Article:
The meaningful difference is in the routes into the working in the field of dermatology and trichology.
Dermatology includes the study of skin, hair and nails. In the UK it is accepted that this is mainly done by doctors and nurses. The majority of dermatology practice in the UK involves the skin. Trichology includes the study of hair (and scalp) only.
A consultant dermatologist in the UK is a doctor specialising in dermatology. Consultant dermatologists will have completed at least 5 years of undergraduate training in Medical School, following competitive selection requiring high grade A levels. They will be able to prescribe and like all doctors their practice is regulated tightly.
In the UK, to become a consultant dermatologist (referred to elsewhere in the world as Board certified dermatologist) following the medical degree the doctor will become then complete a two-year foundation programme and then two or three years or more of core training. Successful completion of the training programme means that the doctor’s name can be entered on the Specialist Register of the General Medical Council which regulates all doctors. Entry to the speciality of dermatology is competitive, so some doctors may have additional experience in related areas genitourinary medicine, rheumatology, medical oncology and immunology.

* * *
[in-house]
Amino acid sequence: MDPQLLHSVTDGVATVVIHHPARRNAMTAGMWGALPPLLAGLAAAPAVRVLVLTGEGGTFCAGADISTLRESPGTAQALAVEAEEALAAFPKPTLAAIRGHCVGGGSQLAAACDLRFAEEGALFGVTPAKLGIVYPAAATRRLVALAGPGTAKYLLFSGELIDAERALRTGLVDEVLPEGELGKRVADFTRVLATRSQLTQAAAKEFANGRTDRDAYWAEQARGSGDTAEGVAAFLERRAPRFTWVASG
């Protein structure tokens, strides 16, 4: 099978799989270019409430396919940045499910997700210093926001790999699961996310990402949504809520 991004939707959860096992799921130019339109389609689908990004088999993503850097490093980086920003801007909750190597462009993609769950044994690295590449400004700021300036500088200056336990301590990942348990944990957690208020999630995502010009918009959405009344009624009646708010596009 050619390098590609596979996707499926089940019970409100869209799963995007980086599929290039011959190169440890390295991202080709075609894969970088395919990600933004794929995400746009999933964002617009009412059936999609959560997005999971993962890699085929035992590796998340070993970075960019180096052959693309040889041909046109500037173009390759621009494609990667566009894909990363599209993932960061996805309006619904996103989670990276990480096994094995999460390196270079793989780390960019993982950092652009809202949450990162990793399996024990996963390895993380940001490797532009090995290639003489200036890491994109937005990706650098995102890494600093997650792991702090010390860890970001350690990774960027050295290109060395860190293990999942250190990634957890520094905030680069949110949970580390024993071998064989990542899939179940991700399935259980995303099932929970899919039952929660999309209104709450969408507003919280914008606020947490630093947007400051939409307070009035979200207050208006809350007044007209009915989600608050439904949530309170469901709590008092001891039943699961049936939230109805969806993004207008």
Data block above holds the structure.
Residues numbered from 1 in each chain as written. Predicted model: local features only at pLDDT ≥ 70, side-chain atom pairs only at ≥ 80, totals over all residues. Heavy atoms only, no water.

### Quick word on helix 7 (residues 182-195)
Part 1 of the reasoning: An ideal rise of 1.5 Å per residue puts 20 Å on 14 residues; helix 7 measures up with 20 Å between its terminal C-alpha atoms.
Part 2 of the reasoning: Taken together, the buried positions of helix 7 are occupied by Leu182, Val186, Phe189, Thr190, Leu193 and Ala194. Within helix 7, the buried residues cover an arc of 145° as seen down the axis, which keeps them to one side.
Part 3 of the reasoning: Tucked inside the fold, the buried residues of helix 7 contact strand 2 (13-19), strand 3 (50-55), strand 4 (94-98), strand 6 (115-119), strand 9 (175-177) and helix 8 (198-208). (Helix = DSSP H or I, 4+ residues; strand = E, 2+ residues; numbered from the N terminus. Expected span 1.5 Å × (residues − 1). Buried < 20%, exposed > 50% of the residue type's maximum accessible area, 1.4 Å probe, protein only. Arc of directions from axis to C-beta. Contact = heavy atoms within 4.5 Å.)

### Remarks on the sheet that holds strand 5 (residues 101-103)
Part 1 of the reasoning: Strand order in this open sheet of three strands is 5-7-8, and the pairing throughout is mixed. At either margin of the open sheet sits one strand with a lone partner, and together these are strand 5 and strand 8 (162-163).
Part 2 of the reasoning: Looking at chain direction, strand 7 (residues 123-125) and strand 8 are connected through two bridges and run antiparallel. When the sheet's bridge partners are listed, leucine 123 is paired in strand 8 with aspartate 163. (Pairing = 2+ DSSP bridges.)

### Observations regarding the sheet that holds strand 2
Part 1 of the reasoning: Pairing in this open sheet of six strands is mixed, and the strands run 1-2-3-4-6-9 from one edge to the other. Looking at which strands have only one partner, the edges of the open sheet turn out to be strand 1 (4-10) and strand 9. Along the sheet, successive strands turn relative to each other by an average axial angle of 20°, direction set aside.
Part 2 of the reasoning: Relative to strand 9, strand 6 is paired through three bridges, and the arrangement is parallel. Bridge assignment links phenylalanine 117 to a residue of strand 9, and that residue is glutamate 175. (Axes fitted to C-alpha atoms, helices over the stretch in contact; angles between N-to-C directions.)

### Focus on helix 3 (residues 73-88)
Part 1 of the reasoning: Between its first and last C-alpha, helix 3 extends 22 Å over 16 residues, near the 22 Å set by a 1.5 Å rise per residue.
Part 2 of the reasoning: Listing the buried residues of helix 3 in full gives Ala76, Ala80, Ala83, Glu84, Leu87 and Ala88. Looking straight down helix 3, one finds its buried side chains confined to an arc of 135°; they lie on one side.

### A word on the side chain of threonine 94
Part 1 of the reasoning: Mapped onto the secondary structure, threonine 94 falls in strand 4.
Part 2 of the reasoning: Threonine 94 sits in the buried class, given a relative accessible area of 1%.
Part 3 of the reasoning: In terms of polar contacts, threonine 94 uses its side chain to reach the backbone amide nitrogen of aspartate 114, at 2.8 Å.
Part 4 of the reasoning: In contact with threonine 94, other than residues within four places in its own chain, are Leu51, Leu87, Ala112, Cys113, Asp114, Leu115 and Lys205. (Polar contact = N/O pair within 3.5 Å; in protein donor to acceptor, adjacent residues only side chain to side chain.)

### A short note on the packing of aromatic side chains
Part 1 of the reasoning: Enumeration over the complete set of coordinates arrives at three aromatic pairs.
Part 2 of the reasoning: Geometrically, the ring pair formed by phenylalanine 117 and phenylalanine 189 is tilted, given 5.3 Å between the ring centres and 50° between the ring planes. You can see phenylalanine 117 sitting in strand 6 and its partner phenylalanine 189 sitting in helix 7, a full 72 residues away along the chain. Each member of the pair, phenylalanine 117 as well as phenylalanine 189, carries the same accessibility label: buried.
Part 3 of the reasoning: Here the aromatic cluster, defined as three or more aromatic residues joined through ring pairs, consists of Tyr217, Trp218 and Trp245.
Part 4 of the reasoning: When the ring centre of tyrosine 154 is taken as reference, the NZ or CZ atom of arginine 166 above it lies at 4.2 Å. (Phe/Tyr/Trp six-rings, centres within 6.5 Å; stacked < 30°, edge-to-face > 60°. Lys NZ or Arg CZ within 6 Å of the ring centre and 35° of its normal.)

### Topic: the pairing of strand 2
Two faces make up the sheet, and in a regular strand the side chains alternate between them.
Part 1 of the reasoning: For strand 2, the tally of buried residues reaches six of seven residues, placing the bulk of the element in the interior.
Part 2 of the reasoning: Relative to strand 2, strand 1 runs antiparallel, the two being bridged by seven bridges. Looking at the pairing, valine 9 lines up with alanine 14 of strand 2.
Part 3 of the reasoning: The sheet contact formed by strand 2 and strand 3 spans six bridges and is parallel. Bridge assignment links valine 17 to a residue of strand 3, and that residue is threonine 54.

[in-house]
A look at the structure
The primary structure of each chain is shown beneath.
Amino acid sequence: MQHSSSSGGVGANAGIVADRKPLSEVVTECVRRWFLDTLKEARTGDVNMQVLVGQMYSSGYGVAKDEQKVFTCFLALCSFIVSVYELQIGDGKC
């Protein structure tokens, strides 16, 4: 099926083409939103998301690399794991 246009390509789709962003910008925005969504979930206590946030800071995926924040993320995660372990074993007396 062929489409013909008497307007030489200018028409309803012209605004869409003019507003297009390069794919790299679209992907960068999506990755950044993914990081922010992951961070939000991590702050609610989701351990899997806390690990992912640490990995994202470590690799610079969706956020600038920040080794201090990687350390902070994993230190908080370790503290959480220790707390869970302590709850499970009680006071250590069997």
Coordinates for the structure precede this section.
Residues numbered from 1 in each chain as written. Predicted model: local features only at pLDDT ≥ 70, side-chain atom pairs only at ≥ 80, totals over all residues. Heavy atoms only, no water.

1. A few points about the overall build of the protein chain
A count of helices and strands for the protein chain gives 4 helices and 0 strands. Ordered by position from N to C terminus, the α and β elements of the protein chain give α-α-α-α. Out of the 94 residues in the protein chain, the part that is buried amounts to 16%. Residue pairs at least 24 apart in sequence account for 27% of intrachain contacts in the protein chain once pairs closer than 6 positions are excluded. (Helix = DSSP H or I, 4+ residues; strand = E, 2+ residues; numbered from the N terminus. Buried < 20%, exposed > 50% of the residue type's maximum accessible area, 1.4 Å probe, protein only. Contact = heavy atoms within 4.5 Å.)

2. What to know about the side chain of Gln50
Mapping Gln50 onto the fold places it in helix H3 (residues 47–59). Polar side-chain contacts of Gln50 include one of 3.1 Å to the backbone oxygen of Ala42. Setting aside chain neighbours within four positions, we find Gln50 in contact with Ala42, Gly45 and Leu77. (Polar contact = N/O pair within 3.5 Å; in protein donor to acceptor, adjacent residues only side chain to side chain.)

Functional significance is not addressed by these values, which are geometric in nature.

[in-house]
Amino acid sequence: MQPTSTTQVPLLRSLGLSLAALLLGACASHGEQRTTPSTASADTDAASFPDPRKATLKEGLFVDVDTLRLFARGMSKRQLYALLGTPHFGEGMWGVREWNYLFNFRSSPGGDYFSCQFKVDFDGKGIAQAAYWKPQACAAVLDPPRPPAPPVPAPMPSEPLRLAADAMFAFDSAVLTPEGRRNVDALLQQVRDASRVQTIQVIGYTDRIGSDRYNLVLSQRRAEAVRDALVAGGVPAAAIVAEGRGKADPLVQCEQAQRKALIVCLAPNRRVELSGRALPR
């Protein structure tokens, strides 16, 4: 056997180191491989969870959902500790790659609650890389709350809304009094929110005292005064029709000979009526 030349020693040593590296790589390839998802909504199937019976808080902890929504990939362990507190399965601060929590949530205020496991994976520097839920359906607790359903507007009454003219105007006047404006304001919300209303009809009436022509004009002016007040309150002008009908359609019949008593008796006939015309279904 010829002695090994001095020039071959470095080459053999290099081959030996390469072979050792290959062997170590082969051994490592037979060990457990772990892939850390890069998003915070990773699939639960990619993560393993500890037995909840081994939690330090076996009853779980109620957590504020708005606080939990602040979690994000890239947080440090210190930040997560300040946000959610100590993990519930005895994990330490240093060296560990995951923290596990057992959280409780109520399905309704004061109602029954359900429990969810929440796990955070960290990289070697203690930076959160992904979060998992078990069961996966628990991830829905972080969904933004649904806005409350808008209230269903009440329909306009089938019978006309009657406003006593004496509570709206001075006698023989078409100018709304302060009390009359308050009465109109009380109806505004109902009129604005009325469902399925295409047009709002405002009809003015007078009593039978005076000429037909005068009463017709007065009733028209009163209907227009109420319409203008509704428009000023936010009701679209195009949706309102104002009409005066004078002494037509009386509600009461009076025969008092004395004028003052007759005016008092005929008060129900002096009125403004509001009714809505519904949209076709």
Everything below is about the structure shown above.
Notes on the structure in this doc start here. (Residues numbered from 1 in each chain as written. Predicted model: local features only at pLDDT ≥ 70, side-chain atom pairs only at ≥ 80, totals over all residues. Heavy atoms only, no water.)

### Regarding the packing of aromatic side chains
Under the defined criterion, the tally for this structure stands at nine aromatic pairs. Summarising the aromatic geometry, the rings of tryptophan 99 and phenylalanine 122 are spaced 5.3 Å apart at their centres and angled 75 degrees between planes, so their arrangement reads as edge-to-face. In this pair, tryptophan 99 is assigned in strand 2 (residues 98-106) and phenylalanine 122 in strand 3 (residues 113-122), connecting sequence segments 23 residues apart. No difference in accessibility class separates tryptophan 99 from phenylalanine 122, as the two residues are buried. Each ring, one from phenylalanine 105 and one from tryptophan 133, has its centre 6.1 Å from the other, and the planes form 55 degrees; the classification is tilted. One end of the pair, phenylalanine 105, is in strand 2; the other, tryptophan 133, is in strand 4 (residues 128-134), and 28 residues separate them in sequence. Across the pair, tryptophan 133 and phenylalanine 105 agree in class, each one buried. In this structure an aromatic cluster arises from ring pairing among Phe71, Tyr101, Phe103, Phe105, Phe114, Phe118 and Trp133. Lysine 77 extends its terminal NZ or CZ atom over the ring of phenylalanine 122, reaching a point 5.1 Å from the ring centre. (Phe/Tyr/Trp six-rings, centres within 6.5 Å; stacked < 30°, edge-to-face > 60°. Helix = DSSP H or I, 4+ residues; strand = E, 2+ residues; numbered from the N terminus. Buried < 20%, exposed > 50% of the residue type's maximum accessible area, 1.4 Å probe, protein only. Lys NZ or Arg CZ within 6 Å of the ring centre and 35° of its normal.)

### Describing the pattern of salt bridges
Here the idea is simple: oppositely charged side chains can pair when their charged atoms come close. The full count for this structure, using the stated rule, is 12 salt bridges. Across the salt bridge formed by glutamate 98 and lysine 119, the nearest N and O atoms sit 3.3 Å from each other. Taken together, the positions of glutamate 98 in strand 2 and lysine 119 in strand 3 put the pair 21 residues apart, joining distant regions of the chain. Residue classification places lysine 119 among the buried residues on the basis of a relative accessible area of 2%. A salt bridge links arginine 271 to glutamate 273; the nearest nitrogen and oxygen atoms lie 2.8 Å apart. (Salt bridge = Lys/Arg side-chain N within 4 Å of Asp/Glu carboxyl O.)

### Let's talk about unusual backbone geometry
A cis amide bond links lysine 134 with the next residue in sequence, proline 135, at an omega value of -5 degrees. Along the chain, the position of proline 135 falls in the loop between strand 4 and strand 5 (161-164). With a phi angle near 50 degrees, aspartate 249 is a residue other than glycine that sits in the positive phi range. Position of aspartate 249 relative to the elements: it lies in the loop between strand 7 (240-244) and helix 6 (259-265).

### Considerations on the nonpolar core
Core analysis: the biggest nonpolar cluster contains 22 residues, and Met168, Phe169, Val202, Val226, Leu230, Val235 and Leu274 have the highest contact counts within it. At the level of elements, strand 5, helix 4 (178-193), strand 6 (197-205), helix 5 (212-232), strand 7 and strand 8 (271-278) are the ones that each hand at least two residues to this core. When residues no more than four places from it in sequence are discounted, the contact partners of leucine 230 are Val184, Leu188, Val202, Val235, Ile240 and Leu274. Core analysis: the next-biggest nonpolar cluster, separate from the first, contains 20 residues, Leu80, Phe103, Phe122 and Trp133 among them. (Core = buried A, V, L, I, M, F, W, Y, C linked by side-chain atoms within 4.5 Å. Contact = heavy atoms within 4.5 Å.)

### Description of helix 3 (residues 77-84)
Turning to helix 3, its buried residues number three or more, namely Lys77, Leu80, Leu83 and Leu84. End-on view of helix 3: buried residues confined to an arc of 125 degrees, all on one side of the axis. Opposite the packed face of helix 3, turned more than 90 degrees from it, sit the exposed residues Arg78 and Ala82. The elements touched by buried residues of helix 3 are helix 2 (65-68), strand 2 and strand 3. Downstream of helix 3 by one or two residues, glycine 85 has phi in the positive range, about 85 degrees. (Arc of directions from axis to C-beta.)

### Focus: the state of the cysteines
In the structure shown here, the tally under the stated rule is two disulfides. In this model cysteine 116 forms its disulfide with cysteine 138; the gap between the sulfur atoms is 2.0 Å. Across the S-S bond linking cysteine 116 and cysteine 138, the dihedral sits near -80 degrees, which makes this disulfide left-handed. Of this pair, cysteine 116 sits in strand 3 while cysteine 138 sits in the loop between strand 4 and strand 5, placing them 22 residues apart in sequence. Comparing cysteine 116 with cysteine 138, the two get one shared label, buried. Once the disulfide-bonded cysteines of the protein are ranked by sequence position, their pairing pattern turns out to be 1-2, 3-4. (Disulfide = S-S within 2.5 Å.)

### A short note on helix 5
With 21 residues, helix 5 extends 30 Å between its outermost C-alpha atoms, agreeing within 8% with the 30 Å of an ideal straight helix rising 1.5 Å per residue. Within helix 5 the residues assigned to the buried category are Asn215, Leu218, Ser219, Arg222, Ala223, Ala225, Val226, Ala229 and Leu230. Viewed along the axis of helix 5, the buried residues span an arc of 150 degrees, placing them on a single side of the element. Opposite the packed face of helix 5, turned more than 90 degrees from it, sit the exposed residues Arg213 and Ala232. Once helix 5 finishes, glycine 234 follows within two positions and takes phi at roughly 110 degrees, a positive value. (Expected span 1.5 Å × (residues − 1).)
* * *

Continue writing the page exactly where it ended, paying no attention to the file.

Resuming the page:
Because of the comprehensiveness of the dermatologist’s training they are able to participate with other medical disciplines in the diagnosis and treatment of all types of hair problems as they may relate to systemic disease e.g. lupus. They are trained to recognise a much wider range of conditions than trichologists. They can take biopsies (skin samples) from the scalp to help diagnose the more challenging hair loss conditions. In addition they are able to prescribe some medications that General Practitioners can’t e.g. Hydroxychloroquine for a hair loss condition called Lichen Planopilaris.
In the UK dermatology is included in the syllabus at medical school where doctors complete their basic training. However a Kings Fund study published in 2013 indicated that the majority of GPs receive less than one week’s training before they qualify.  The study of hair and scalp disorders would have only formed a small part of this. The majority of that training is likely to have taken place in medical school.
 The King’s Fund, How Can Dermatology Services Meet Current And Future Patient Needs While Ensuring That Quality Of Care Is Not Compromised And That Access Is Equitable Across The UK?, 2015. <https://kingsfund.blogs.com/health_management/2015/05/how-can-dermatology-services-meet-current-and-future-patient-needs-while-ensuring-that-quality-of-ca.html>